The Board encourages the early, informal resolution of complaints at the site level whenever possible. In investigating complaints, the confidentiality of the parties involved and the integrity of the process shall be protected. As appropriate for any complaint alleging discrimination, harassment, intimidation, or bullying, the Superintendent or designee may keep the identity of a complainant confidential to the extent that the investigation of the complaint is not obstructed.
(cf. 4119.23/4219.23/4319.23 – Unauthorized Release of Confidential/Privileged Information)
The Board prohibits any form of retaliation against any complainant in the complaint process, including but not limited to a complainant’s filing of a complaint or the reporting of instances of discrimination, harassment, intimidation, or bullying. Such participation shall not in any way affect the status, grades, or work assignments of the complainant.
The Superintendent shall issue regulations establishing procedures or receiving, investigating, and resolving complaints in compliance with Title V California Code of Regulations.
The District annually will disseminate a written notice of the District’s complaint procedures to students, employees, parents/guardians, school and district advisory committees, appropriate private school officials, and other interested parties.
The district’s Williams uniform complaint procedures, AR 1312.4, shall be used to investigate and resolve any complaint related to the following:
Emergency or urgent facilities conditions that pose a threat to the health or safety of students or staff
(cf. 1312.4 – Williams Uniform Complaint Procedures) Legal Reference:
CSBA (3/03 11/04) 1/06
Except as the Governing Board may otherwise specifically provide in other Board policies, the uniform complaint procedures shall be used only to investigate and resolve complaints alleging violations of federal or state laws or regulations governing specific educational programs, the prohibition against requiring students to pay fees, deposits, or other charges for participating in educational activities, and unlawful discrimination, harassment, intimidation, or bullying, as specified in accompanying Board policy.
(cf. 1312.1 – Complaints Concerning District Employees)
The district’s uniform complaint procedures policy and administrative regulation shall be posted in all district schools and offices, including staff lounges and student government meeting rooms. If 15 percent or more of students enrolled in a particular district school speak a single primary language other than English, the district’s policy, regulation, forms, and notices concerning uniform complaint procedures shall be translated into that language.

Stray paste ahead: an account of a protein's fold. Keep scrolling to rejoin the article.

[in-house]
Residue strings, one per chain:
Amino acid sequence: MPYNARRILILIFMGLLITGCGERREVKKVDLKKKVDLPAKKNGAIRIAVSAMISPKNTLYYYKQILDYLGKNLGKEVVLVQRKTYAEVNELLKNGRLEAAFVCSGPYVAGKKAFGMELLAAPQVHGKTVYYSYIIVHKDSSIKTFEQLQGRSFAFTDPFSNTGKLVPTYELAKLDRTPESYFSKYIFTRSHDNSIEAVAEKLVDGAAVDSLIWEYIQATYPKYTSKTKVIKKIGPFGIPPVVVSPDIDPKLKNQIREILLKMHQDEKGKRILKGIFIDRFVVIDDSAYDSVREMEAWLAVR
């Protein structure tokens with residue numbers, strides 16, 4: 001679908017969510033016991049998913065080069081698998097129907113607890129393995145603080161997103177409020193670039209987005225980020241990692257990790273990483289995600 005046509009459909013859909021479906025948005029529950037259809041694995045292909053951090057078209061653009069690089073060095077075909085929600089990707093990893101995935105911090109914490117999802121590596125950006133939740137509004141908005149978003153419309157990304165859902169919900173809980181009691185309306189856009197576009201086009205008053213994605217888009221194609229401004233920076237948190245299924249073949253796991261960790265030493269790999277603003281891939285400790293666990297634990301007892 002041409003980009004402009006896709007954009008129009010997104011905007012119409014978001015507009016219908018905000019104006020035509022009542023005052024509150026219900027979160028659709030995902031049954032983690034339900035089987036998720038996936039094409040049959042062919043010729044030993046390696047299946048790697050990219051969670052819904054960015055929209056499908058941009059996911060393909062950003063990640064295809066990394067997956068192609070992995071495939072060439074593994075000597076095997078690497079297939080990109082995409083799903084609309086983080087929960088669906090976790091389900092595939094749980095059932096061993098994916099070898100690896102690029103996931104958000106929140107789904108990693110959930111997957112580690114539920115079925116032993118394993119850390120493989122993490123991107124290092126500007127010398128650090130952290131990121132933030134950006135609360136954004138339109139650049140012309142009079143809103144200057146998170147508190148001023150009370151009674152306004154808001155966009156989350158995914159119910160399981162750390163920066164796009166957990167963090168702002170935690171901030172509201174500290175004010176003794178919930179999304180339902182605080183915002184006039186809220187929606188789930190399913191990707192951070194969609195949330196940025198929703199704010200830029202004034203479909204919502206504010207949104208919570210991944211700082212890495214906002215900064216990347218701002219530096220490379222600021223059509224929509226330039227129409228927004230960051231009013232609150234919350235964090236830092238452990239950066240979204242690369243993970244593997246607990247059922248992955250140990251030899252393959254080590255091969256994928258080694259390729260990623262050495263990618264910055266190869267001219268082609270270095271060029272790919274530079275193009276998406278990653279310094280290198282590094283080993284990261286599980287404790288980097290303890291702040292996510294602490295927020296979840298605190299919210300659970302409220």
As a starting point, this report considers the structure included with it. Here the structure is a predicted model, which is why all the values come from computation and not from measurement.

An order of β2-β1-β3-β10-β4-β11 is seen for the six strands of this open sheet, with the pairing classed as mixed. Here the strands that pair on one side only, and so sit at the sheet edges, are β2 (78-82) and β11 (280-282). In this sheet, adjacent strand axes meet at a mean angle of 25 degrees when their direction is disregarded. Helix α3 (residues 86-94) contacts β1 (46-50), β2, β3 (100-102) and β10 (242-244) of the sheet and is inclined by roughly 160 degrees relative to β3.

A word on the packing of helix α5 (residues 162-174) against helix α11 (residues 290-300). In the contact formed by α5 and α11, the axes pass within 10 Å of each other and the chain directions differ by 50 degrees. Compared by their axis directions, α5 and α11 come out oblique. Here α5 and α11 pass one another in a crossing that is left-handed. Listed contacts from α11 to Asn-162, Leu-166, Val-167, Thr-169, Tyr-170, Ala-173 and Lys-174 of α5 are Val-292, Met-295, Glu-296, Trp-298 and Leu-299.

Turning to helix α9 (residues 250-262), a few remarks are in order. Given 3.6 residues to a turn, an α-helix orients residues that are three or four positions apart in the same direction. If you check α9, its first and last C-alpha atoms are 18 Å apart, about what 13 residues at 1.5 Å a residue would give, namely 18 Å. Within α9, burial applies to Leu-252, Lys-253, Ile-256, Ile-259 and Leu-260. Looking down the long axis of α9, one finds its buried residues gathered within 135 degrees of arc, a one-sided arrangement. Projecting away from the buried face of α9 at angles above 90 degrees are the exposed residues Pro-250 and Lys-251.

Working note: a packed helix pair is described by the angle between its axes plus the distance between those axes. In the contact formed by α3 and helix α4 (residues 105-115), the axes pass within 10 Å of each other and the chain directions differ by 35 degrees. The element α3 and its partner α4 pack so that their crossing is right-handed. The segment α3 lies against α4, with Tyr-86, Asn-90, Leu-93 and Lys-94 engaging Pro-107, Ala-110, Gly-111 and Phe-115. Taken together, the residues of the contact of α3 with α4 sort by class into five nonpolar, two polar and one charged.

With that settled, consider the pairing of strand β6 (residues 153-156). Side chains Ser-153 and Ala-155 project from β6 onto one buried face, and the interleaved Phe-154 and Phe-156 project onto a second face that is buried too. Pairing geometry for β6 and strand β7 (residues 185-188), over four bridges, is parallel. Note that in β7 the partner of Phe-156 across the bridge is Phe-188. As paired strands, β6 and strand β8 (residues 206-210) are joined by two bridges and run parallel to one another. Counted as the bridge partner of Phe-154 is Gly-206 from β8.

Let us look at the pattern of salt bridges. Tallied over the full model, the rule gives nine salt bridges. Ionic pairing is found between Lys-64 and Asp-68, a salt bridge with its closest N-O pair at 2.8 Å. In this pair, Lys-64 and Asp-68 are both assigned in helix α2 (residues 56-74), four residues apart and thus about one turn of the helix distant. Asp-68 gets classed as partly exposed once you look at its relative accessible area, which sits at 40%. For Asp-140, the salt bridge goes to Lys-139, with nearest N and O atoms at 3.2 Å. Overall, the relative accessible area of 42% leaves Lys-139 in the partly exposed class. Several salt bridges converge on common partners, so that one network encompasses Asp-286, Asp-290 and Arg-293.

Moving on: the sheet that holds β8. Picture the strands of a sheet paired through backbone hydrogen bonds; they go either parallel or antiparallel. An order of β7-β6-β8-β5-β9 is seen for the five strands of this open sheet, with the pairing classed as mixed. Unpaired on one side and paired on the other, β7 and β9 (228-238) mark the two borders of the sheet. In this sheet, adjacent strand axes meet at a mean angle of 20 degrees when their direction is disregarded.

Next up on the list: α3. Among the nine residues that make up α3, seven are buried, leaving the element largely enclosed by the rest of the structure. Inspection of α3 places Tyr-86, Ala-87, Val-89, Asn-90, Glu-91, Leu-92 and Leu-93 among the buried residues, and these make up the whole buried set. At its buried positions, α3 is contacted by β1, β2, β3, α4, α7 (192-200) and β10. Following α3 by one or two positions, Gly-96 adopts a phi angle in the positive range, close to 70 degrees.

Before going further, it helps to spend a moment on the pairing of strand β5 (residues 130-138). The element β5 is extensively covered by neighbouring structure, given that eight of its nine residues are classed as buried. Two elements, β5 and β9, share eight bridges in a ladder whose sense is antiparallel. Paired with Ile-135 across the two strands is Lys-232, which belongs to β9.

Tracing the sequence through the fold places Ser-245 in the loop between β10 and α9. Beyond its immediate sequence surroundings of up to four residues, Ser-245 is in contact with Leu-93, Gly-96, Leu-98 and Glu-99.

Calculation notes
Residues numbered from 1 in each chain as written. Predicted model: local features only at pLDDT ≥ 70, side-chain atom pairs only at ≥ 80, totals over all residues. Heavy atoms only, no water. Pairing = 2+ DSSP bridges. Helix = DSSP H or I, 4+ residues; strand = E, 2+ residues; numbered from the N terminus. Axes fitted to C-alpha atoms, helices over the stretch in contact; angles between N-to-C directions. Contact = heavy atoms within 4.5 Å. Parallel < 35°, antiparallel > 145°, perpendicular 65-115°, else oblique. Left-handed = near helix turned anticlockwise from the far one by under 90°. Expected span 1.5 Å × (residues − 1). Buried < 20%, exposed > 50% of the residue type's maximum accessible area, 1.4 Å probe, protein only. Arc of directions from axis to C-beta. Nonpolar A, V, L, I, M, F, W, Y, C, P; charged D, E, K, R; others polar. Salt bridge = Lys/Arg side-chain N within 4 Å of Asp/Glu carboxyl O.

(cf. 5145.6 – Parental Notifications)
The Governing Board designates the following compliance officer(s) to receive and investigate complaints and to ensure district compliance with law:
Deputy Superintendent, Instructional Services 1400 E. Janss Road
The Superintendent or designee shall ensure that employees designated to investigate complaints are knowledgeable about the laws and programs for which they are responsible. Designated employees may have access to legal counsel as determined by the Superintendent or designee.
(cf. 9124 – Attorney)
The Superintendent or designee shall annually provide written notification of the district’s uniform complaint procedures to students, employees, parents/guardians, the district advisory committee, school advisory committees, appropriate private school officials or representatives, and other interested parties. (Education Code 262.3, 49013; 5 CCR
(cf. 0420 – School Plans/Site Councils) (cf. 1220 – Citizen Advisory Committees) (cf. 3260 – Fees and Charges)
The Superintendent or designee shall make available copies of the district’s uniform complaint procedures free of charge. (5 CCR 4622)
The Superintendent or designee shall annually provide written notification of the district’s uniform complaint procedures to students, employees, parents/guardians, the district advisory committee, school advisory committees, appropriate private school officials or representatives, and other interested parties.
Accordingly, if an individual or group should have a complaint against a State or Federal funded program as listed in Board Policy 1312.3, the following procedures should be used:
Identify the person(s), position(s), or unit(s) responsible for receiving complaints
Advise the complainant of any civil law remedies that may be available to him/her under state or federal discrimination laws, if applicable